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Article
January 1931

THE SWALLOWED SILK THREAD AS A GUIDE IN ESOPHAGEAL INSTRUMENTATION

Author Affiliations

ROCHESTER, MINN.
From the Division of Medicine, the Mayo Clinic.

Arch Otolaryngol. 1931;13(1):94-96. doi:10.1001/archotol.1931.03660010104012
Abstract

Dunham,1 in 1902, first suggested the use of a swallowed silk thread as a guide in dilating strictures of the esophagus. The thread, used in conjunction with gastrostomy, was withdrawn from the opening in the stomach. Later, Mixter2 found that gastrostomy was unnecessary, and if the thread was swallowed slowly, it would pass through the stricture into the stomach and the intestine and could be pulled sufficiently taut to permit its being used as a guide in passing dilating sounds. Plummer,3 in 1910, called attention to the value of the thread in cases of lesions in the esophagus and reported its use in 300 cases. Since then much has been written concerning this simple and useful procedure, but many misconceptions still exist with regard to the way in which it is used.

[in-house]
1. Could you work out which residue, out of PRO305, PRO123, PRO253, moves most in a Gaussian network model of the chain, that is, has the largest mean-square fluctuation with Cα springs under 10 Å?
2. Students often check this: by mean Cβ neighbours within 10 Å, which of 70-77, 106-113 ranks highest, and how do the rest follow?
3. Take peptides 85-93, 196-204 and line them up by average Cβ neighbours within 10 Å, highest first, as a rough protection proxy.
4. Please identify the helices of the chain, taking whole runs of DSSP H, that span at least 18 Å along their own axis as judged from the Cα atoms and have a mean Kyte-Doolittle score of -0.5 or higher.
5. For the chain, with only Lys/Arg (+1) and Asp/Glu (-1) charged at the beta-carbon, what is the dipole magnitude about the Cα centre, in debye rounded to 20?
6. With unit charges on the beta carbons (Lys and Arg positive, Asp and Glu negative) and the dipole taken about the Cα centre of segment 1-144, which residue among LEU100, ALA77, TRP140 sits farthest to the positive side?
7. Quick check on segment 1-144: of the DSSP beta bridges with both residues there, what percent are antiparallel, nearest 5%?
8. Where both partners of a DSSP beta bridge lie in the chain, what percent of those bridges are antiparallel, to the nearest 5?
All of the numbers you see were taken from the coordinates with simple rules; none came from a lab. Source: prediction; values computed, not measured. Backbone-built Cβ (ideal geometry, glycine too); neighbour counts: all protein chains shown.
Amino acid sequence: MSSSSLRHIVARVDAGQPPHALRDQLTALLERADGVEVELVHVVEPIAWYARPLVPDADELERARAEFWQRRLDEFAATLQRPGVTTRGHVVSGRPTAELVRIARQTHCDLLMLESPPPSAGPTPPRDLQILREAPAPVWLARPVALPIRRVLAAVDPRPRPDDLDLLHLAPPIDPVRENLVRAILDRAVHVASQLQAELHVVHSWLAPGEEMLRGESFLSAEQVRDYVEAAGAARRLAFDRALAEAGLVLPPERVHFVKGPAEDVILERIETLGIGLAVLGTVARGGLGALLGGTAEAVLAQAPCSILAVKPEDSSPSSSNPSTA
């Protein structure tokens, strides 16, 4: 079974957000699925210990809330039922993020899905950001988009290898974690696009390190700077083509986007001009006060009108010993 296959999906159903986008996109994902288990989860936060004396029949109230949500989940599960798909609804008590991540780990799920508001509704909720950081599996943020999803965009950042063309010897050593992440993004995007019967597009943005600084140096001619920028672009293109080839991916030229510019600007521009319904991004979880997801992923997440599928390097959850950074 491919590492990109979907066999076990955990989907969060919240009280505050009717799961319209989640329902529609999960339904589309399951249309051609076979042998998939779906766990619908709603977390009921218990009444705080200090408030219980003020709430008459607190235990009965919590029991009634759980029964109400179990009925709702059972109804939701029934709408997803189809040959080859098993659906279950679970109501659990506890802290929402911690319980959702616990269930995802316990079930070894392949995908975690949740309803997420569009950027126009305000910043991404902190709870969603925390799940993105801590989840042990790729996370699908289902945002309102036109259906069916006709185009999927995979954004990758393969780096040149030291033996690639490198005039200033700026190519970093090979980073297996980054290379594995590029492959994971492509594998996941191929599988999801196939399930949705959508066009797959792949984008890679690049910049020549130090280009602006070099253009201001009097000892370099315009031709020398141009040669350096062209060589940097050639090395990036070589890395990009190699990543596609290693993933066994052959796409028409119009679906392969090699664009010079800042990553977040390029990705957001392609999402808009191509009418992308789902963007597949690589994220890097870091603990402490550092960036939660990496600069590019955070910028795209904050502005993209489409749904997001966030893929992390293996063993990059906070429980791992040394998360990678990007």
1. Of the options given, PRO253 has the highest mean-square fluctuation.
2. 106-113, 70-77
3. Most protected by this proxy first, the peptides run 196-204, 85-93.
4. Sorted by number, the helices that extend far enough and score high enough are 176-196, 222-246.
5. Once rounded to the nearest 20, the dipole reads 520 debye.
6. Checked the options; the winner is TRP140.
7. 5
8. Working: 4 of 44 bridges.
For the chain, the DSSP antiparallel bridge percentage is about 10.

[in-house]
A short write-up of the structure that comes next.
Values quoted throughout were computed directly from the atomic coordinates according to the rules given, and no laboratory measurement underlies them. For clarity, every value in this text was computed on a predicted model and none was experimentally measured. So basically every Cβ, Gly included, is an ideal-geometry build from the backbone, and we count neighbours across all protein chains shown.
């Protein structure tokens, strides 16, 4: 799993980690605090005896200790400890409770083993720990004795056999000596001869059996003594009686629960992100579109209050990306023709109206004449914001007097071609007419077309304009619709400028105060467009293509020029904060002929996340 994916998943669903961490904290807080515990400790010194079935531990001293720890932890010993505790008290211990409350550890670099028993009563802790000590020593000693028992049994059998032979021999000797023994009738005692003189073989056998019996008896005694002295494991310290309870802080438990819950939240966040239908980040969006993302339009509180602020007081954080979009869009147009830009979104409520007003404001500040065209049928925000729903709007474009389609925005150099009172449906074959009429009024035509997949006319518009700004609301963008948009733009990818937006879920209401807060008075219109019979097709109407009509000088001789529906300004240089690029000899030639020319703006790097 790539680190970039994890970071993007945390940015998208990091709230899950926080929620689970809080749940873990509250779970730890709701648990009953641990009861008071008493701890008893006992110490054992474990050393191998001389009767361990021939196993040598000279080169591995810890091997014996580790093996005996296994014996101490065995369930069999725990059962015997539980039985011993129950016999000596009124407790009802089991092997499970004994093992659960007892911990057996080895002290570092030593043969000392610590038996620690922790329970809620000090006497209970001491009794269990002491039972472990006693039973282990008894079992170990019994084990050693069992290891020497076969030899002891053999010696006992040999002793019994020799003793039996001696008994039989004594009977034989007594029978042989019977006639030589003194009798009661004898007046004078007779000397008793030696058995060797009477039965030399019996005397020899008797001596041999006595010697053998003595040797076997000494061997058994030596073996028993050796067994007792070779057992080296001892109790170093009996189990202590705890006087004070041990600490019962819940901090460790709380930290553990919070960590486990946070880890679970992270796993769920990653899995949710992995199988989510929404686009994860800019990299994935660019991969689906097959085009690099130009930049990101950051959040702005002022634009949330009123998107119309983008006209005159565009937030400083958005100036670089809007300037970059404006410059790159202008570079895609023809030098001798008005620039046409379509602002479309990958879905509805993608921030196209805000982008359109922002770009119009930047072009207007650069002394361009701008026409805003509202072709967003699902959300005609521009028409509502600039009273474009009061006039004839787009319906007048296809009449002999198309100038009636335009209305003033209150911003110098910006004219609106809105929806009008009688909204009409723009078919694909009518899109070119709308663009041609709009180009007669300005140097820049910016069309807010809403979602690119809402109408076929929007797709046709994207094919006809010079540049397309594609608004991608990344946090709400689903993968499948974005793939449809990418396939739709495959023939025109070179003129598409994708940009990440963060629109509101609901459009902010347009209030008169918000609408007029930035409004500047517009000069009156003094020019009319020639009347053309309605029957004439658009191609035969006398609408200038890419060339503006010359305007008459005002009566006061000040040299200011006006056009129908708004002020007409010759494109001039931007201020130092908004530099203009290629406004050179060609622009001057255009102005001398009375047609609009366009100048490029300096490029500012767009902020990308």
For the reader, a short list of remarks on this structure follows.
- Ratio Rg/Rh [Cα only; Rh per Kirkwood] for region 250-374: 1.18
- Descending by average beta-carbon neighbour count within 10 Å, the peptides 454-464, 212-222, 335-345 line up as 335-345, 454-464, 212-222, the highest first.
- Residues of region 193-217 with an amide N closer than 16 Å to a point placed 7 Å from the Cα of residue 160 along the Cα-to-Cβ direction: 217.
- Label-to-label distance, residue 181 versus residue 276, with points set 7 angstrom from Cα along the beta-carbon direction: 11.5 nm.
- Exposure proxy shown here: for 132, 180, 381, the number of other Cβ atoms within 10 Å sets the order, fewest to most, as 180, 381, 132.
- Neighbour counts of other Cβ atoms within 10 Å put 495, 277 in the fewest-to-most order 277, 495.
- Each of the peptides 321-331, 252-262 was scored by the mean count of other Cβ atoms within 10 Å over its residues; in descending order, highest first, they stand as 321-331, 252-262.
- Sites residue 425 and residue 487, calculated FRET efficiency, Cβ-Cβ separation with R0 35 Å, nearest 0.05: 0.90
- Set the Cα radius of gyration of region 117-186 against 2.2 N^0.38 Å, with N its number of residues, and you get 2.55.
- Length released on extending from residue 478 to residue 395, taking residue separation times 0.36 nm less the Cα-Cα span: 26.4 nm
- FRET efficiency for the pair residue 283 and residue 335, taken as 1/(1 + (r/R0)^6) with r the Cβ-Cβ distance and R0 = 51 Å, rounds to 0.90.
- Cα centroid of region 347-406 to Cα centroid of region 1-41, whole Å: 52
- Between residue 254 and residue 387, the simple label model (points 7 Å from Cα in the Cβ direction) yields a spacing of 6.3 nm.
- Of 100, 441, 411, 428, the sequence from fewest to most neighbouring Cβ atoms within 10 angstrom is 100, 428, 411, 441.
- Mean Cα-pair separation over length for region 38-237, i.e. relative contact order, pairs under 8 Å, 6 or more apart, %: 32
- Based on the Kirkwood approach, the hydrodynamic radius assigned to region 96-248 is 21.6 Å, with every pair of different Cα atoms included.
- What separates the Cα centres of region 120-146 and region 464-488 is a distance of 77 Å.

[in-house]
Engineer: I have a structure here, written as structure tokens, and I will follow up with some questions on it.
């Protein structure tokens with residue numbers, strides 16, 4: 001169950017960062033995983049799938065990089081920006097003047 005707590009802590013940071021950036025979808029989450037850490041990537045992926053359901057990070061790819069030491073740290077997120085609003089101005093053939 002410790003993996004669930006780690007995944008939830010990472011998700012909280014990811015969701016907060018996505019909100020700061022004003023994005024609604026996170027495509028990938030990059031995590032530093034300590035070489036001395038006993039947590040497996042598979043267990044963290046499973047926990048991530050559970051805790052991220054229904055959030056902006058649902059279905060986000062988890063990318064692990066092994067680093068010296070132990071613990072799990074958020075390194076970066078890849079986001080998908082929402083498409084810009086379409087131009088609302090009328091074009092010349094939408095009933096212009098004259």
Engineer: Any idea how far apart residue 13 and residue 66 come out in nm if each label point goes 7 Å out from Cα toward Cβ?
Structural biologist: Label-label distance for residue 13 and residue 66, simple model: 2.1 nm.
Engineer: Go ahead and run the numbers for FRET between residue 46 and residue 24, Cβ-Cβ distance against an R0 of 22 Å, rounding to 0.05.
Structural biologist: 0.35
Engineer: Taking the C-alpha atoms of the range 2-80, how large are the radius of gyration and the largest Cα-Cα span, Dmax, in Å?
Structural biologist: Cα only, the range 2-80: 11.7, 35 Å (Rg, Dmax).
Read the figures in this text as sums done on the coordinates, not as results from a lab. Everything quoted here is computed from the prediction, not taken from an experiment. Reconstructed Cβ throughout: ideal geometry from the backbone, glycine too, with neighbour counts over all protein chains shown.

In many cases, patients suffering from various types of esophageal stricture come under my observation

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